Gleanings from Judges [10]


The Downfall of Gideon – Judges 8

Throughout the Scripture, we can take note that, at times, God will utilize men who may not be of the greatest of character.

Abraham lied to Pharaoh about his wife and he took matters into his own hands with attempting to obtain a heir.

Jacob acted deceitfully, stealing the birth-right from his brother, Esau, and father, Isaac.

David, the king described as a man after God’s own heart, committed adultery and had faithful men killed to cover over his sin.

Solomon multiplied wives and entertained idols for them..

Peter denied Christ.

God raises up men, but it is by His grace and in spite of their flaws that they may do good work. They are still subject to the former sins of their flesh, prone to temptation and often giving into compromise and disobedience.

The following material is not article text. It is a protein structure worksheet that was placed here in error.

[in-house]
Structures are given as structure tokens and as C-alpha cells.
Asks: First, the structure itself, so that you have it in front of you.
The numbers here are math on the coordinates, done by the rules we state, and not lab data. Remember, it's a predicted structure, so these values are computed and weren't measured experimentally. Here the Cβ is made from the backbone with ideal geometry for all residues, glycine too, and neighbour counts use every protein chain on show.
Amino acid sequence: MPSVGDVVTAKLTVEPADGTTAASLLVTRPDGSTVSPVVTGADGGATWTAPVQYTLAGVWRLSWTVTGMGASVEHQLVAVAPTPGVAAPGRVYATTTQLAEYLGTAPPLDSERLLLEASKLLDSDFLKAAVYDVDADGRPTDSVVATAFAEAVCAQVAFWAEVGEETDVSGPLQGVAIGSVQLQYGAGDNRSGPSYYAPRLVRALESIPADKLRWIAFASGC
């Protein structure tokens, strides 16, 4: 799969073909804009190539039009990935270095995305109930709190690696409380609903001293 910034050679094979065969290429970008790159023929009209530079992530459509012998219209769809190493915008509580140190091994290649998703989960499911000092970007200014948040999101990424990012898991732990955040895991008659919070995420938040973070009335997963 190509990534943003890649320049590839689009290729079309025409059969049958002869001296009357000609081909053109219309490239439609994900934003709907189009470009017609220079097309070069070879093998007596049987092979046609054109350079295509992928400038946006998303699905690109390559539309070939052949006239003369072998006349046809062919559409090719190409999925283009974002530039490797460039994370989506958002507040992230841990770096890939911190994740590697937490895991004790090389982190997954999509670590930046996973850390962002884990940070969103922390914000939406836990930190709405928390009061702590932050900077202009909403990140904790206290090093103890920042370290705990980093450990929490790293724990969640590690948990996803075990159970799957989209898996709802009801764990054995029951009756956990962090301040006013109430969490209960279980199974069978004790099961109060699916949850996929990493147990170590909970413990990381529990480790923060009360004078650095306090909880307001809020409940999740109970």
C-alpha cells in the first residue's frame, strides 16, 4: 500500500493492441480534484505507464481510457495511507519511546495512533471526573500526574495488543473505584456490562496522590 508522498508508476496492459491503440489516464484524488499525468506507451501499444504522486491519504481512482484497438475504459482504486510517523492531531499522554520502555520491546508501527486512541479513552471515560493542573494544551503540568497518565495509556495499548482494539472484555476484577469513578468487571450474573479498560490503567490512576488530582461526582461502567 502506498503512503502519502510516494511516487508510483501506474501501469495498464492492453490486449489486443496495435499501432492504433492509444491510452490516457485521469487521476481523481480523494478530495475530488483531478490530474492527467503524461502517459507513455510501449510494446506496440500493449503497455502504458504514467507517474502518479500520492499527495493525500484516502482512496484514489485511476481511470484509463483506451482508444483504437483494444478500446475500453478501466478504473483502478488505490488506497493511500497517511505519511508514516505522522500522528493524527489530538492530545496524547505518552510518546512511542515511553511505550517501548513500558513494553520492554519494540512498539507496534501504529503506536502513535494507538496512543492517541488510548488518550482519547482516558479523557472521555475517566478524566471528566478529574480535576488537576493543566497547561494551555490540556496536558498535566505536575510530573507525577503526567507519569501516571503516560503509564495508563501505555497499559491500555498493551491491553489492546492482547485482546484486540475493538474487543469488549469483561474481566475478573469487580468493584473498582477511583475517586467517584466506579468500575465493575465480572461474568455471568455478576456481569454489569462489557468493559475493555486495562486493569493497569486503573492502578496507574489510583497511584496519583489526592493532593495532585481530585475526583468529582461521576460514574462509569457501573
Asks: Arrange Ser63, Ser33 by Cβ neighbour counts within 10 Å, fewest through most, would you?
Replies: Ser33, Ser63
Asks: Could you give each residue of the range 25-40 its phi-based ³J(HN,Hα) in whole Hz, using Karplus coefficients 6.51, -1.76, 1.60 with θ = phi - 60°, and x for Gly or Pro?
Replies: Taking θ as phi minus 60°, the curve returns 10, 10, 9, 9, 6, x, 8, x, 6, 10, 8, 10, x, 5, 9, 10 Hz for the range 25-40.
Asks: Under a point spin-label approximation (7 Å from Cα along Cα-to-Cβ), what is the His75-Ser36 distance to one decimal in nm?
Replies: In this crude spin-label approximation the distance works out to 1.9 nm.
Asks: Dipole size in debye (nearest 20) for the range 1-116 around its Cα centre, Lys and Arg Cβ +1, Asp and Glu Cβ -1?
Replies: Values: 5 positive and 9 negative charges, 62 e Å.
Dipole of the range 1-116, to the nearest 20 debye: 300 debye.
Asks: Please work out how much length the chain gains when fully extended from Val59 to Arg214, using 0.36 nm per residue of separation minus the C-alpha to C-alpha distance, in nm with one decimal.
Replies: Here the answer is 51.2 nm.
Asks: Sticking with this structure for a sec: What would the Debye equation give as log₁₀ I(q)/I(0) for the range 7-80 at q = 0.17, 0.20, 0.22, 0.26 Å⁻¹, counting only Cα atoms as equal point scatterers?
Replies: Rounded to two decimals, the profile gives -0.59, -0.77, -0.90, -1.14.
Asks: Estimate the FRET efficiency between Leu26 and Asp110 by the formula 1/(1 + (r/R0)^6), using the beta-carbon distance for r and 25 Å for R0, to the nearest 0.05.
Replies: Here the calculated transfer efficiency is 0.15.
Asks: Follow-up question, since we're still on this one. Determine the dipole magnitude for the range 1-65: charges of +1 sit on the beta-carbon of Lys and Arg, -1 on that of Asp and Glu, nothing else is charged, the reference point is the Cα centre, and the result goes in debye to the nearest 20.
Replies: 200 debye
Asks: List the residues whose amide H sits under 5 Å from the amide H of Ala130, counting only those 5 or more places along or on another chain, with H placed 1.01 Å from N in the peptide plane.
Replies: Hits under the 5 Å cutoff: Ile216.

We see that with Gideon. The Angel of the Lord calls him to lead Israel against the Midianites. God gathers around him 300 men and they route 135,000 Midianites. The Lord set every man’s sword against his neighbor so that by the time the Midianites crossed back into their territory, only 15,000 or so remained. 120,000 had perished!

Coming to Judges 8, we regrettably see the downfall of Gideon as he eventually succumbs to the pagan culture that had engulfed the thinking of the Israelites.

We can see four sad steps that brought Gideon to a spiritual downfall.

Ruthless Behavior –